I have a tendency to give any comedy video game bonus points straight out of the gate, simply because the genre needs some love. As it is, comedy video games are a barren wasteland with few examples of how to do it right leading the way. Putting yourself on that path is worth some consideration for sheer bravery.
Jazzpunk is a game that needs no such special treatment. That’s because it’s a comedy video game that (get this)…is actually funny.
Perhaps the easiest label to throw on Jazzpunk’s humor is parody. In fact, there are many calling it the gaming equivalent of the movie Airplane, which I suppose is accurate.
The primary target of the game’s various spoofs are the spy films of the 50′s and 60′s. This is most obvious through the game’s basic plot which sees you complete various espionage assignments for an underground spy agency. Of course while spy and noir films are the primary target, ultimately there is no element of pop culture that isn’t fair game.
More important than any specific parody targets is the fact that Jazzpunk tackles them all with a sharp satirical wit. Sure there’s the odd blunt trauma joke here and there that swings hard and misses its mark, but the vast majority of the game’s parodies are either delivered with an expert precision that makes them appear effortless, or are cleverly hidden somewhere in the environment waiting to be found by eagle eyed players with Wikipedia like reference knowledge.
But gaming has done parody before. It’s, in fact, the go-to for any video game comedy that hopes to stir a laugh or two from the user, even if they are cheap.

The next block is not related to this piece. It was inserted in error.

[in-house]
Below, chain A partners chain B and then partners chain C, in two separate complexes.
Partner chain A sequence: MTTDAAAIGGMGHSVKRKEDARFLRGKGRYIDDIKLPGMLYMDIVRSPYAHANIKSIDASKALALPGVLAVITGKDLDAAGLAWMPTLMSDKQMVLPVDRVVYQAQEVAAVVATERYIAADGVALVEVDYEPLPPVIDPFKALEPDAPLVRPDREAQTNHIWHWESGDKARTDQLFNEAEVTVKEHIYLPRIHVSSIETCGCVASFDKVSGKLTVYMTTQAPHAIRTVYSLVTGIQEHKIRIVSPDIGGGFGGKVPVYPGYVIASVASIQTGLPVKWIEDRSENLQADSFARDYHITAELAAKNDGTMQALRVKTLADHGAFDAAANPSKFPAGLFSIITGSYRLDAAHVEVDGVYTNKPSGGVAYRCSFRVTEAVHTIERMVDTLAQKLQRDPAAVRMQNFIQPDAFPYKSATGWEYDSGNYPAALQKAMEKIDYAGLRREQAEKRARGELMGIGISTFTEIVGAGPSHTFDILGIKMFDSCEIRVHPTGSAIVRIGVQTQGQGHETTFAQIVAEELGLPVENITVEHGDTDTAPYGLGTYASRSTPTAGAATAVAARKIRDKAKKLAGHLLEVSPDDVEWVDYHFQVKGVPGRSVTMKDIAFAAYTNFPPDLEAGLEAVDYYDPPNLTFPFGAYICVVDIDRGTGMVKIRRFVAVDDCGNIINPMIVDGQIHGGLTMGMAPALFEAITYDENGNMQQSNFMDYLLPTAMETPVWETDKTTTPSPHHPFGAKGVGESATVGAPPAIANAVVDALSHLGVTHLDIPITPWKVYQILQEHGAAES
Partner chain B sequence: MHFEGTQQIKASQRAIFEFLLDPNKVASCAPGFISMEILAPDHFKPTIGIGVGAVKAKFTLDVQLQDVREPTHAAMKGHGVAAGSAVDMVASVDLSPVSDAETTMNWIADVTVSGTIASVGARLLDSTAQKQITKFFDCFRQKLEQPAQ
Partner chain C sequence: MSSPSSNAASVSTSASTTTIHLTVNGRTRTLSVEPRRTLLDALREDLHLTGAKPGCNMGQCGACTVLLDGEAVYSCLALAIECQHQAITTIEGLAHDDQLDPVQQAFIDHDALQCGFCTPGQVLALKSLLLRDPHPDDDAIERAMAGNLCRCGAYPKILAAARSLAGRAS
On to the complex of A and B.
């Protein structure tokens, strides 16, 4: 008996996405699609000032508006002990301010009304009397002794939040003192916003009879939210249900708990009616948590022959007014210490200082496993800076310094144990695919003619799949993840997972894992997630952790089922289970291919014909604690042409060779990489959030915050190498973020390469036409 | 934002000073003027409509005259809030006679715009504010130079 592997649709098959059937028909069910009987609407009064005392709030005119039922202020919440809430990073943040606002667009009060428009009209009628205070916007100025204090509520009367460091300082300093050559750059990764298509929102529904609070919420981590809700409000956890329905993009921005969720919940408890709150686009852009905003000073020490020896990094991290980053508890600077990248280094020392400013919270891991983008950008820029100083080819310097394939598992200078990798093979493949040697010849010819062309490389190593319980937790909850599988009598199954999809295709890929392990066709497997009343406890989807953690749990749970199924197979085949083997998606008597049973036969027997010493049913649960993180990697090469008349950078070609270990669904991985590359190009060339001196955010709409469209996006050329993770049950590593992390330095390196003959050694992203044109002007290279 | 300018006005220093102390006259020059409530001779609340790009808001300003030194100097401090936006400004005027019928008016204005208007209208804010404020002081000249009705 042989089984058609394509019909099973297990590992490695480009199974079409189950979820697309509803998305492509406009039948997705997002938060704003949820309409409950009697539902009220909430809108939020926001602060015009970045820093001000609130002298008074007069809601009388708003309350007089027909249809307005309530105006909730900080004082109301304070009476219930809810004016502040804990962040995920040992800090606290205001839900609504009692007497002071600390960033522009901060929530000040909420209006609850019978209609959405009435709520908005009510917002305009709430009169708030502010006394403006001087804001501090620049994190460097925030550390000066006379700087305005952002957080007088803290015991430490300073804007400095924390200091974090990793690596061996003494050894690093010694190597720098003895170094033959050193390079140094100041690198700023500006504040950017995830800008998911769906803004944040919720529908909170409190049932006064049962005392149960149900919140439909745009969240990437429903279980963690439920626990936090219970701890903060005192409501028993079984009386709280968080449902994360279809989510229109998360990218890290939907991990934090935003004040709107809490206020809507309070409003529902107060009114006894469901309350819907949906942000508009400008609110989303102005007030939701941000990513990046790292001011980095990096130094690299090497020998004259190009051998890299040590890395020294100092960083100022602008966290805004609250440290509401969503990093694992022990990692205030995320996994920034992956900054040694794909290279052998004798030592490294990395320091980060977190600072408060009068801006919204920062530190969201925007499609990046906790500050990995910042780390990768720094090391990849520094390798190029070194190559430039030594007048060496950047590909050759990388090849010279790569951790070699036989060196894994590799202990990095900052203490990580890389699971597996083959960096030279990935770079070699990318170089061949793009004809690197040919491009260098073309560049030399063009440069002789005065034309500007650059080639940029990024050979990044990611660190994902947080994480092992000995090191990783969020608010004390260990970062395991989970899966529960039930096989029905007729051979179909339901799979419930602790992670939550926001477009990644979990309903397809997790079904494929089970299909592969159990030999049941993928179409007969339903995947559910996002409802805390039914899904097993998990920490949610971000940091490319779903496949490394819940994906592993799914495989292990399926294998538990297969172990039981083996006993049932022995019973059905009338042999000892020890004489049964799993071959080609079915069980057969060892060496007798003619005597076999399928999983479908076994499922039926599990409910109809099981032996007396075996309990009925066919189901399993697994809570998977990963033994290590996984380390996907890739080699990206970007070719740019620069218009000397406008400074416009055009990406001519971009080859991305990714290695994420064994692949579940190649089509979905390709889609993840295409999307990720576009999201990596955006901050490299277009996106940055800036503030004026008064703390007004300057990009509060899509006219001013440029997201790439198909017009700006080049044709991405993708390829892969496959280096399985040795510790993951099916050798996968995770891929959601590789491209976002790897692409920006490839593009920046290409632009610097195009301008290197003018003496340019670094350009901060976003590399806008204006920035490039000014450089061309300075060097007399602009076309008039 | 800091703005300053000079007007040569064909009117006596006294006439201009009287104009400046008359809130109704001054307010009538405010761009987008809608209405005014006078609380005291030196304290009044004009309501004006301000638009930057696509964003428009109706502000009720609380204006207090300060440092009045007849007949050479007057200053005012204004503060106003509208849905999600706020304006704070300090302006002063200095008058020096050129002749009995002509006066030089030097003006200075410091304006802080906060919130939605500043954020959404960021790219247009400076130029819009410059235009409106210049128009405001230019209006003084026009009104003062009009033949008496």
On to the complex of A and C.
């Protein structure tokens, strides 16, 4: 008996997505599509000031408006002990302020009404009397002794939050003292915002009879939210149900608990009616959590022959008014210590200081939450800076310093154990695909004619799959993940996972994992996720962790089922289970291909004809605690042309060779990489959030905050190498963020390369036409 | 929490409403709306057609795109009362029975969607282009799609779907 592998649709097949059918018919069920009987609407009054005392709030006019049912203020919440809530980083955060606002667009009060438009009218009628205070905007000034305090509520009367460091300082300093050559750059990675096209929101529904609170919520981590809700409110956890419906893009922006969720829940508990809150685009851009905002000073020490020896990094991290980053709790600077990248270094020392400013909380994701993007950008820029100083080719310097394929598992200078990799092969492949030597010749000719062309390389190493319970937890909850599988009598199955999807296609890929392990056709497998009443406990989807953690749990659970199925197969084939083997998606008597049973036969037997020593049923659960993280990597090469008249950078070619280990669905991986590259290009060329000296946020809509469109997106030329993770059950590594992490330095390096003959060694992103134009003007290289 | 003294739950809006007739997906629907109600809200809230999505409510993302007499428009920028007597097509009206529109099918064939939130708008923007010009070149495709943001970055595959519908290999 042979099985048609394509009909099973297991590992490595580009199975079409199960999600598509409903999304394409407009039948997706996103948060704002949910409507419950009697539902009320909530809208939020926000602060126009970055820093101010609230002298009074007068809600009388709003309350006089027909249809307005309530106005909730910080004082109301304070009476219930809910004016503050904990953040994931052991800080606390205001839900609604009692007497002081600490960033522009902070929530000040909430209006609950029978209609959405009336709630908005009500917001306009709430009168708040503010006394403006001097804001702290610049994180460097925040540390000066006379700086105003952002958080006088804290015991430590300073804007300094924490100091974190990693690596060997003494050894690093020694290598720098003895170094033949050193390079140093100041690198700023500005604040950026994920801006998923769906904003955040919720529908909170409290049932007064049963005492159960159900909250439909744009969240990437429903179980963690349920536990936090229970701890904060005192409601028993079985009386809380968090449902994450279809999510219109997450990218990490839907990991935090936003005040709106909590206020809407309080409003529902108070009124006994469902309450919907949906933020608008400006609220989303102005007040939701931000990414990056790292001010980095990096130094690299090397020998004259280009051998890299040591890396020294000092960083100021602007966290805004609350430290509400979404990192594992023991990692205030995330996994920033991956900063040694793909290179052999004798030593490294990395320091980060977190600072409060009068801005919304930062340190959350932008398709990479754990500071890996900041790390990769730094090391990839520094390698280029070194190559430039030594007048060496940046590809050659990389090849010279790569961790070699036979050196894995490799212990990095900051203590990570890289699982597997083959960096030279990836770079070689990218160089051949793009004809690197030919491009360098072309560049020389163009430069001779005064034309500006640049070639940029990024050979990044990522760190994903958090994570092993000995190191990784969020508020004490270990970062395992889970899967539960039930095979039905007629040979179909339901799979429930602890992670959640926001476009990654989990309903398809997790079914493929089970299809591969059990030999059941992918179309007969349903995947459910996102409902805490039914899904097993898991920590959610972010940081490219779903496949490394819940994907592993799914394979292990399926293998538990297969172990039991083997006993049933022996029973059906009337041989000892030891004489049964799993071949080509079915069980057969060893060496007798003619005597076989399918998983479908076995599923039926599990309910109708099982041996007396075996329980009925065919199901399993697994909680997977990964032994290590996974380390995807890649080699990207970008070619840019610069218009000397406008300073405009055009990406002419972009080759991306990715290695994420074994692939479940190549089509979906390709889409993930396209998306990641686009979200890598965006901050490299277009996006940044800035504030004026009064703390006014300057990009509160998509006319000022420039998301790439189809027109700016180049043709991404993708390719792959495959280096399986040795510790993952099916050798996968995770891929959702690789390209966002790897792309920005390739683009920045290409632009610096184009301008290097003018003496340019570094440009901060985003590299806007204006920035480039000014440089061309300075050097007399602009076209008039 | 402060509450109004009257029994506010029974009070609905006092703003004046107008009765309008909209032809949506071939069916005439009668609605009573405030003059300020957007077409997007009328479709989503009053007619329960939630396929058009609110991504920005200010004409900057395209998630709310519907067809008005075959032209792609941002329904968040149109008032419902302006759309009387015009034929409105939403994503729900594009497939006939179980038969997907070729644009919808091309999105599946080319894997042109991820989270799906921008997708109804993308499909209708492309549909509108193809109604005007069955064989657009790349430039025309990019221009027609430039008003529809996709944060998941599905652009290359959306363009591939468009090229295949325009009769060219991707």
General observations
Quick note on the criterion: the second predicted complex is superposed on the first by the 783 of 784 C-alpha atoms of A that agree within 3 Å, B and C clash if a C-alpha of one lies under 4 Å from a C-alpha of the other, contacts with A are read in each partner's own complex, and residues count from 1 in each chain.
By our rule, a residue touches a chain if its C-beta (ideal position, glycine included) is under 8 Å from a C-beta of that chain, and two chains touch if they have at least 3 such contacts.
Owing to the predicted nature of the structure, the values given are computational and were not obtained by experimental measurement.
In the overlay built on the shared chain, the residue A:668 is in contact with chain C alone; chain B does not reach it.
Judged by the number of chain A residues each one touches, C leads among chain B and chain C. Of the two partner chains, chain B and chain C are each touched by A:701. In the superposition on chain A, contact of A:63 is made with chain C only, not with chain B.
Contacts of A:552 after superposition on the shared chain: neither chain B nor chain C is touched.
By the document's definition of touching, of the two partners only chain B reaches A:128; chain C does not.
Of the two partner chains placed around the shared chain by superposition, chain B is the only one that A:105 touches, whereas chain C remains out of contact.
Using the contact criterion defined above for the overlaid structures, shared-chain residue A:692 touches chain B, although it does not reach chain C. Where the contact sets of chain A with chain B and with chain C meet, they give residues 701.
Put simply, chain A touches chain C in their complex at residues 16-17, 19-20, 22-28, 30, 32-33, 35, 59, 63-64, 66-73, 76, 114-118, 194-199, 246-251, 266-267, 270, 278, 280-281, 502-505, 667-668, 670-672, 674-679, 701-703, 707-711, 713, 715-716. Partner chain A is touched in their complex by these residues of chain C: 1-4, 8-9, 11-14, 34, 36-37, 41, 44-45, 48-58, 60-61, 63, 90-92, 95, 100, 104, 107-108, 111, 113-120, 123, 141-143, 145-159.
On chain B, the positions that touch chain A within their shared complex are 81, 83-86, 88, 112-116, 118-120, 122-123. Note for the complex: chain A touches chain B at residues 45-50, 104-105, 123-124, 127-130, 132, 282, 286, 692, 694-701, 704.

What separates Jazzpunk from its peers is the game’s ability to take a hint from different sources, but never produce a carbon copy of their humor. It’s influenced by many great comedies that came before it, but never feels derivative of any of them because of the game’s unique style. The world of Jazzpunk is a little bit Monty Python, a little bit Looney Tunes, a little Rocko’s Modern life and a little In Like Flint, but at the end of the day is its own thing that owes only a nod to its predecessors, rather than the entire credit.
Unfortunately Jazzpunk’s insistence to work without a creative net means it does fall flat on its face from time to time. This is particularly true of the gameplay.
See Jazzpunk is a point and click adventure game that features all of the puzzles and clicking around randomly you’ve come to expect from the genre. Only here the challenge is almost non-existent. The game’s levels are very tightly constructed which does help the comedic delivery, but hinders the exploration aspects of the puzzles. Often times the answers you are looking for are blatantly obvious and require little actual investigation or challenge. You’ll spend more time voluntarily hunting down hidden jokes than you will necessary objectives.
Even worse are Jazzpunk’s mini-games. When you first encounter them, they’re nothing more than additional clever references, and fun time sinks. Towards the end, though, the time required on them starts to well exceed their welcome, meaning the final parts of the game take a noticeable dip in quality.
That’s an issue made worse by the game’s length. You’ll have to work hard to get more than a few hours out of Jazzpunk, which may not be entirely unusual for a $15 game in the modern age, but is worth noting.
Complaints aside, you really have no choice but to play Jazzpunk. After all, how often do we get a genuinely gut bustingly funny video game that features the kind of tightly scripted zaniness that made Monty Python a comedy revolution, while sporting little of the tired jokes that have thus far plagued the genre?
Sure Jazzpunk doesn’t last very long, and could have benefited greatly from some more involved puzzles, but it’s difficult to demonize the game for its length or gameplay deficiencies, when the experience you do get is so tightly crafted and brimming with creative love that it often feels like changing a single bit would mean deflating the creator’s dream.
Jazzpunk’s brilliance easily trumps its obvious flaws and puts it on a recommendation level no other video game comedy has achieved before: